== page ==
Nicotine on the Brain
by Sally Johnson
Marina Picciotto investigates how acetylcholine works as a neuromodulator within the brain
Every time a smoker or vaper inhales or takes in nicotine, it activates nicotinic acetylcholine receptors within their brain.
Some smokers describe nicotine’s effect as rewarding, but others say they smoke to increase focus, relieve anxiety, or control body weight. This is likely because nicotinic receptors not only influence the activity of circuits the brain uses to encode natural rewards but are also recruited when we need to pay attention, react to stress, or control appetite.
Marina Picciotto, a neuroscientist and professor of psychiatry, as well as deputy director of the Kavli Institute for Neuroscience at Yale University, explores links between the molecular level in the form of individual receptors, and their effect on cells, brain circuits, and behavior.
“One person who vapes likened their first try of nicotine vaping that comes in a candy flavor to crack cocaine wrapped inside a marshmallow,” she says.
Humans do experiments on their nicotinic receptors whenever they take in nicotine, “so there are implications for smoking cessation and also for disorders related to reasons people smoke,” says Picciotto. She also hopes it will one day be feasible to target the system for anxiety, depression, and appetite control.
To get there, her lab is trying to “sort of pull molecular interactions at the cell and the dynamics of receptor activation through all the levels of complexity of how the brain works to discover their role in shaping our interaction with the environment,” explains Picciotto.
In the past, a big gap was the timescale at which neurotransmitters activating receptors were released. “The receptors we’re interested in are for the neurotransmitter acetylcholine, which are also the receptors for nicotine,” she adds. “There are always links between what these receptors do within circuits and what you do to yourself each time you take in nicotine,” she says.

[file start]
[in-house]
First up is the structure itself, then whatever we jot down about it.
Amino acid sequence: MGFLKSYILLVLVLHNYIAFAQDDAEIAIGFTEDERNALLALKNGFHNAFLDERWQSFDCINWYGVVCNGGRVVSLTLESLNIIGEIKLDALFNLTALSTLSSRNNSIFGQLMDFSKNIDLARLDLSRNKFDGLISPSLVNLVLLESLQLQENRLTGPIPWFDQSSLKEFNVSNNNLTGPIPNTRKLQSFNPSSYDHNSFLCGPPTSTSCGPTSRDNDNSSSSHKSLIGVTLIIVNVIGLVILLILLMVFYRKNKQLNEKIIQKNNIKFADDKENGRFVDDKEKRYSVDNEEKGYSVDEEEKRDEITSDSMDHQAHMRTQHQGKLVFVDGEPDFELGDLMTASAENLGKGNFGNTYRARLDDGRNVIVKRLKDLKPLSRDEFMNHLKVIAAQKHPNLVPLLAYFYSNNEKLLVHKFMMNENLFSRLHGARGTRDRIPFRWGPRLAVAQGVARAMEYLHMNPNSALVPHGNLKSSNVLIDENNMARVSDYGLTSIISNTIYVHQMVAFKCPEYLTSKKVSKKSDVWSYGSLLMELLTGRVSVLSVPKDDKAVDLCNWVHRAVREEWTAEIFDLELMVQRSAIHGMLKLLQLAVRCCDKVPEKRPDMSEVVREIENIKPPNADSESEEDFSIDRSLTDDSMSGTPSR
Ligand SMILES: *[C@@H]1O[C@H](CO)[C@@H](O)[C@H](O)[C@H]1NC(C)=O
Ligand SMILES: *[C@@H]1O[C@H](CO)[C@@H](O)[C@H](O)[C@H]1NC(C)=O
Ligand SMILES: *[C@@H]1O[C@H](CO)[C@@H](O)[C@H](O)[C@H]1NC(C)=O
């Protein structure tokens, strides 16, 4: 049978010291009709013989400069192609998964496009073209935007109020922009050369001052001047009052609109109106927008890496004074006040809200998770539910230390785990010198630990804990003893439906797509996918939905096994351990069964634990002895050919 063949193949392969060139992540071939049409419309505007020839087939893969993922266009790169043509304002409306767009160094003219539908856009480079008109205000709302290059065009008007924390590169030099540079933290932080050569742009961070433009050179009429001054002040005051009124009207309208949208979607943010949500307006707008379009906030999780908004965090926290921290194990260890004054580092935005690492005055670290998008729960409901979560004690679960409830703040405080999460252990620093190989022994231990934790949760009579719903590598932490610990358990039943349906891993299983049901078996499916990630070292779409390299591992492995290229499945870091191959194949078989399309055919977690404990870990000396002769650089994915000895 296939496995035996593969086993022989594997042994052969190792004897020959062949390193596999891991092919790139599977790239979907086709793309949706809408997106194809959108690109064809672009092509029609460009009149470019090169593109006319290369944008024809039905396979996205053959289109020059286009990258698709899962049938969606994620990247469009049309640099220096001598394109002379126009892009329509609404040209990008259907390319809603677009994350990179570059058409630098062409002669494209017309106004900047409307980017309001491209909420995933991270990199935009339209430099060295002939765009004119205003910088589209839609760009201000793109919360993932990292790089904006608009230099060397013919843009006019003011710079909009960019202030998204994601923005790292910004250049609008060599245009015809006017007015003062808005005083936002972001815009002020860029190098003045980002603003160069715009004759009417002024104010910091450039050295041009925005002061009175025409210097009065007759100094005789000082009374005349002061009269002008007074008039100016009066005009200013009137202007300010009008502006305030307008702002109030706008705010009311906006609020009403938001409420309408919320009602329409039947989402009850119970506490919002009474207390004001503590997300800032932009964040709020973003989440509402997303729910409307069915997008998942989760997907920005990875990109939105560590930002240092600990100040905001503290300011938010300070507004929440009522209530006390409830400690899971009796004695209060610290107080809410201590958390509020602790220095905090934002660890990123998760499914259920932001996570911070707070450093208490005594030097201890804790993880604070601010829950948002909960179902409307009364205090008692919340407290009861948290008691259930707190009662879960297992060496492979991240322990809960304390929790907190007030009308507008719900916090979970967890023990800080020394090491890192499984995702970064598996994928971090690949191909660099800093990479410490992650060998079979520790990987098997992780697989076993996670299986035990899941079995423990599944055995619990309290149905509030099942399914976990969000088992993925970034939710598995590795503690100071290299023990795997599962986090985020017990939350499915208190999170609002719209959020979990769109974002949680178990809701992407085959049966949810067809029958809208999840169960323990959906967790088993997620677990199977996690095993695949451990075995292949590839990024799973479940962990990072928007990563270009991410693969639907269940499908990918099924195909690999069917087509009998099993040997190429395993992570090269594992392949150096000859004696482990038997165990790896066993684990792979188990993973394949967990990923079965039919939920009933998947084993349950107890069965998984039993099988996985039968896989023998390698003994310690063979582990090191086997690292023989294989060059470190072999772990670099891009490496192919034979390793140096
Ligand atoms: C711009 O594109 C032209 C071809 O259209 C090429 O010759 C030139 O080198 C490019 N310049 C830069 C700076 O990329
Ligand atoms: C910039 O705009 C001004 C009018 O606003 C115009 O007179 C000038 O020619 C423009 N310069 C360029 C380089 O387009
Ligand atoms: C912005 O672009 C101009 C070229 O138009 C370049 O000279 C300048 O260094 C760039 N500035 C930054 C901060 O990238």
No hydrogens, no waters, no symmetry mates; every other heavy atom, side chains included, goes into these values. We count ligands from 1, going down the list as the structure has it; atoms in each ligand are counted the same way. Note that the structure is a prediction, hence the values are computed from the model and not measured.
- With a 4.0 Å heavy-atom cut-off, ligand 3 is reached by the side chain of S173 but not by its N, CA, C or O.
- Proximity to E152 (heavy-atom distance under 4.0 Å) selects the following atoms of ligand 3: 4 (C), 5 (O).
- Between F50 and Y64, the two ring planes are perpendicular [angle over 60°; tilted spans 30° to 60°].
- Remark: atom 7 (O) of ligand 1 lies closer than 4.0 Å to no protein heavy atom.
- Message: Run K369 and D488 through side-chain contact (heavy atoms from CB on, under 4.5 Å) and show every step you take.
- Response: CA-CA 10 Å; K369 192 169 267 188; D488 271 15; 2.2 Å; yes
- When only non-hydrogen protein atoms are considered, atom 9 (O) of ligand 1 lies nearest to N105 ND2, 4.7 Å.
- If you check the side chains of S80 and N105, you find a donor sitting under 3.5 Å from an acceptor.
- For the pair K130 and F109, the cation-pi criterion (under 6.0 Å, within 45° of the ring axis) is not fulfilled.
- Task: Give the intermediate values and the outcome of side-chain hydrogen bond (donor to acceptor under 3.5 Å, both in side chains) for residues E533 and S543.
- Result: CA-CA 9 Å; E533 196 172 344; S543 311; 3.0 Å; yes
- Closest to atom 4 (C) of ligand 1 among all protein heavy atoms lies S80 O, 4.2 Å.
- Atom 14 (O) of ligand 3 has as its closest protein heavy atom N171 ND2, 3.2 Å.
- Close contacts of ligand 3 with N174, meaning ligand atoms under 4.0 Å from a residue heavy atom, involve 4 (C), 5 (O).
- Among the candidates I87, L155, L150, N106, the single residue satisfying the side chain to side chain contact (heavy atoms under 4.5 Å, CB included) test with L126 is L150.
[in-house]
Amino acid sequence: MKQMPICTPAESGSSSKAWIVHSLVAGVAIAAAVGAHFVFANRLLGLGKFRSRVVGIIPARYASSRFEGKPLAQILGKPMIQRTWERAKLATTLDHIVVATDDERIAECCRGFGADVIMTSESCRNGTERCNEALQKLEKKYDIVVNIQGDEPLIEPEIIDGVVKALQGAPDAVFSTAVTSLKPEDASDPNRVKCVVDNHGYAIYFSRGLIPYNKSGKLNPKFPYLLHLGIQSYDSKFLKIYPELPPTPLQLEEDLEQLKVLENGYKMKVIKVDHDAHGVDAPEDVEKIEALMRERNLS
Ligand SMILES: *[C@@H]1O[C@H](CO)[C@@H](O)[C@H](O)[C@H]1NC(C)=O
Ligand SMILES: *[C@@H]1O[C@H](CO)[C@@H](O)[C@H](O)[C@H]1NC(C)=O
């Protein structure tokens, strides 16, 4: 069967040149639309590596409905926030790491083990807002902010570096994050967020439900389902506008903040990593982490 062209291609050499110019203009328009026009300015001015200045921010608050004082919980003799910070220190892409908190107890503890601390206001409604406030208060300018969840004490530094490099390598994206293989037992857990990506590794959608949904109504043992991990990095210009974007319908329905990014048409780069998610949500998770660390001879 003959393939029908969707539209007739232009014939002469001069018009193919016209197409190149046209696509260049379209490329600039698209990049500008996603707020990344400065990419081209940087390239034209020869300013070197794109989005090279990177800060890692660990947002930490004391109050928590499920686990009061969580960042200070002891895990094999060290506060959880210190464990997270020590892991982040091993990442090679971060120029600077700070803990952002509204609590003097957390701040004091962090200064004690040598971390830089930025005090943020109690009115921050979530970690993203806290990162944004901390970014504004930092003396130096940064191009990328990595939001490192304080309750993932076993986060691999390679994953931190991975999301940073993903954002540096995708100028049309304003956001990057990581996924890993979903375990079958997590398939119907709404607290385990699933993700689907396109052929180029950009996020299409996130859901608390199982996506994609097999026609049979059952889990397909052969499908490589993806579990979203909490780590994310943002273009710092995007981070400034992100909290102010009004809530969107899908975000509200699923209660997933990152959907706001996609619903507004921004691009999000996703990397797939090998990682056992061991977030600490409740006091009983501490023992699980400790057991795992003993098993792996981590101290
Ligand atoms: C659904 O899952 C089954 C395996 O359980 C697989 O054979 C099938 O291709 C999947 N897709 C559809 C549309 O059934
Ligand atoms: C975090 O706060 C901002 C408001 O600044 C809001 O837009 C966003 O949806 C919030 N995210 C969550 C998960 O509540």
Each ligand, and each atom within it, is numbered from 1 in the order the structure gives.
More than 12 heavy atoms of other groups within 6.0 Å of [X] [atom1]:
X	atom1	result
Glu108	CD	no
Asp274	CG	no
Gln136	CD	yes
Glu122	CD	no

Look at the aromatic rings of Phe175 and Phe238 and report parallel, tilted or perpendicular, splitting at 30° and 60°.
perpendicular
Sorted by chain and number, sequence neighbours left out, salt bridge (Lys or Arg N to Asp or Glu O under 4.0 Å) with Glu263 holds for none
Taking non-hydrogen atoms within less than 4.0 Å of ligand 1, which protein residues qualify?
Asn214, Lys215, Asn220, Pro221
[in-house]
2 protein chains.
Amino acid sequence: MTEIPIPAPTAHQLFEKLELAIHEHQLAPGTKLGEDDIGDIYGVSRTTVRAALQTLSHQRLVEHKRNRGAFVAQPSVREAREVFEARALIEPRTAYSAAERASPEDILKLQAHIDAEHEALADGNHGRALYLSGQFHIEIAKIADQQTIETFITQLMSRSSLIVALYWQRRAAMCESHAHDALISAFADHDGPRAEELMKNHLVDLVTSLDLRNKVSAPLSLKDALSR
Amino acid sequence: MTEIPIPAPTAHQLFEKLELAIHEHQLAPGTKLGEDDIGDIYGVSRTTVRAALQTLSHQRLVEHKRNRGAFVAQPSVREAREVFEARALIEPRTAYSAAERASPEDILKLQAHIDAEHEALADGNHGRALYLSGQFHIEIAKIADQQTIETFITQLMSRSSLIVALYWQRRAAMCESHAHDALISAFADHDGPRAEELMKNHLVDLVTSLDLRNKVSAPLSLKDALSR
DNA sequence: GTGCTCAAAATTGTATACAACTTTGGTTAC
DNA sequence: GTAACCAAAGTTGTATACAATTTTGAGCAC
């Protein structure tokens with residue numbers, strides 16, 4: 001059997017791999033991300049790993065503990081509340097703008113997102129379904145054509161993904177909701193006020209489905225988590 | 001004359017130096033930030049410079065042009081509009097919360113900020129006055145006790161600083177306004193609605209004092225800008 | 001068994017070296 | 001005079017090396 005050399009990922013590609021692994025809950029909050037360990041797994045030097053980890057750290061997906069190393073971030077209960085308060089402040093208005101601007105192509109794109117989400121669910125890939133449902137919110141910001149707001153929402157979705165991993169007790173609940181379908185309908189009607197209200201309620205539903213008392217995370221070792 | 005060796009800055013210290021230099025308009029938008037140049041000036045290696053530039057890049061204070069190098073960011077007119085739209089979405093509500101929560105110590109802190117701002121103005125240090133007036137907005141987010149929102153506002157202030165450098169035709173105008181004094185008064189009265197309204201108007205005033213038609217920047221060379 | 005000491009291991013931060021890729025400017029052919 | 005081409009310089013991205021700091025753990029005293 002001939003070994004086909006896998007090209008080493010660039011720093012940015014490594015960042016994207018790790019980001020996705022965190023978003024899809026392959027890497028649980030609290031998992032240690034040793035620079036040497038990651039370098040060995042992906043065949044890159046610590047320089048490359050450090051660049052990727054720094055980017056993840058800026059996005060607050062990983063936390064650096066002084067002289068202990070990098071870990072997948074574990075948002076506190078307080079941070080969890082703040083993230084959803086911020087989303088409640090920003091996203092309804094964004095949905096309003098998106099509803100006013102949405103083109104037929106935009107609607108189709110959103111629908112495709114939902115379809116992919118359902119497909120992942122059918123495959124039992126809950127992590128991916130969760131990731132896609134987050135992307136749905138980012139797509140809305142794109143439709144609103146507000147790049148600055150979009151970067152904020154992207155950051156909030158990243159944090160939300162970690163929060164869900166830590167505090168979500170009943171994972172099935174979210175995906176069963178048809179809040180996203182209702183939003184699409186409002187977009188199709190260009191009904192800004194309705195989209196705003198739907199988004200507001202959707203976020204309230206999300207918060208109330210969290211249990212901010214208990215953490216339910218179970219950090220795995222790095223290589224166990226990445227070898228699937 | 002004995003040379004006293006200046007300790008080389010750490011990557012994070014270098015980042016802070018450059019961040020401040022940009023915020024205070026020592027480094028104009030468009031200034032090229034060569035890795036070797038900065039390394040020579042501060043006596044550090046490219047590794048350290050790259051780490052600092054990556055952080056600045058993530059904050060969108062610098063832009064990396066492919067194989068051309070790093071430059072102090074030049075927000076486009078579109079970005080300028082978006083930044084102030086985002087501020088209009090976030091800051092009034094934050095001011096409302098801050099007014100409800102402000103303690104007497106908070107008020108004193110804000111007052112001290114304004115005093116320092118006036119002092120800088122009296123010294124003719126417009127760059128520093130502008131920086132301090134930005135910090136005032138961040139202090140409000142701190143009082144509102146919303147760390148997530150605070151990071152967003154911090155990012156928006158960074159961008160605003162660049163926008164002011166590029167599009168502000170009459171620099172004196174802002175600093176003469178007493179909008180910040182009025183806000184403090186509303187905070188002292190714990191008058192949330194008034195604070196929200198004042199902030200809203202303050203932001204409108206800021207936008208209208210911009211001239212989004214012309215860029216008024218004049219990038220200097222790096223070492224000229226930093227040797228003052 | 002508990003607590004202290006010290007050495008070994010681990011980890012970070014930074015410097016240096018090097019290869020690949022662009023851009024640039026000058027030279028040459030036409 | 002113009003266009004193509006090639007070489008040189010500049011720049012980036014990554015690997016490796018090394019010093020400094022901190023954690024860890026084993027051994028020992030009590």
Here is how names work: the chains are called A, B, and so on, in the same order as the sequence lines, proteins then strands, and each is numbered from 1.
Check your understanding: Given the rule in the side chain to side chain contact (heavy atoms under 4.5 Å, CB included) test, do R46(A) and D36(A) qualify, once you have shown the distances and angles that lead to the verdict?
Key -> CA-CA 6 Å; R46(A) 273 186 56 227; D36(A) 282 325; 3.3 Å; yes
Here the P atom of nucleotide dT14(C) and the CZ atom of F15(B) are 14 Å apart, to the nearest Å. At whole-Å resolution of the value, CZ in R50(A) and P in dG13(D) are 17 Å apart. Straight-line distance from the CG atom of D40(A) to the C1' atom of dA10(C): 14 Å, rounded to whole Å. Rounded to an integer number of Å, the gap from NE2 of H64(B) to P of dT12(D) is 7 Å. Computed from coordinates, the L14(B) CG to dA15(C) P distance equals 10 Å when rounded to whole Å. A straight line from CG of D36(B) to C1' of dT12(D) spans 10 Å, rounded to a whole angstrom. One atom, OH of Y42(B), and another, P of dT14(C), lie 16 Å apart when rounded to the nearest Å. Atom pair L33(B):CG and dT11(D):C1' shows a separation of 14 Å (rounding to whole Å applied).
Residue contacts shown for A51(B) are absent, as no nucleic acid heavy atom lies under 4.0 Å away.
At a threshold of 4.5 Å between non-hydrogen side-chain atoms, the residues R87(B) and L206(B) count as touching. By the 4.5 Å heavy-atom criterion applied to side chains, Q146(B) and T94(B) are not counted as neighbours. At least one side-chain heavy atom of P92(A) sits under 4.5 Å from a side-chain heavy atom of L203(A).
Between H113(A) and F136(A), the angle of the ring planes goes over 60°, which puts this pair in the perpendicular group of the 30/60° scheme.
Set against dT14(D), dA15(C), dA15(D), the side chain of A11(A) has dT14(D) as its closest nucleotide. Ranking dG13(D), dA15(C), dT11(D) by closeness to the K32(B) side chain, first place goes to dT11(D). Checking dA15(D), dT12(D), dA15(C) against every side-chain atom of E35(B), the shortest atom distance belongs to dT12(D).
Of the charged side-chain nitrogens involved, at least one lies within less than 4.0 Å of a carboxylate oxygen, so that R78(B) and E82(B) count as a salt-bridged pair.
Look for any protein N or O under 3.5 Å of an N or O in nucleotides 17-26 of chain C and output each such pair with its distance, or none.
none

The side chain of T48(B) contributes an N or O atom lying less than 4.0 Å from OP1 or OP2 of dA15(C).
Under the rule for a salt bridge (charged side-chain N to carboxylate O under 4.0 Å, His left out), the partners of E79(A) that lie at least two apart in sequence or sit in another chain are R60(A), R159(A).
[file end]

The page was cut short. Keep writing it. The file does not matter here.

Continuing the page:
Her lab has used genetically encoded sensors to measure how acetylcholine release affects the brain’s networks—in real time—while animals do complex behaviors like learning how to associate a reward (including a milkshake!) with things within the environment or how to avoid a bigger, scary mouse.
For many years, the way acetylcholine works within muscle was thought to be how it works within the brain as well. Turns out, this is wrong.
“We found nicotinic receptors on almost every kind of neuron within the brain,” says Picciotto. “They’re not clustered across from the site where acetylcholine is released like within a muscle; instead, they’re diffusely localized on different compartments of a neuron.”
This discovery ushered in a new way of thinking about how acetylcholine works within the brain: as a neuromodulator that changes the state of the brain and its entire network.
Picciotto now wants to answer these questions: What does it mean to change the state of the brain via a modulator? And if we have nicotinic acetylcholine receptors on both excitatory and inhibitory neurons within the same part of the brain, and both are exposed to the release of acetylcholine, what is it doing to these receptors to change the network?
She suspects in some cases it’s changing the basal activity of a whole set of neurons. “For example, in a scary situation, stress increases the firing rate and release of acetylcholine,” Picciotto explains. “We also know that the ability of neurons within the amygdala—one of the fear-sensing parts of our brain—to be activated by these anxiety-provoking environments is dependent upon acetylcholine signaling.”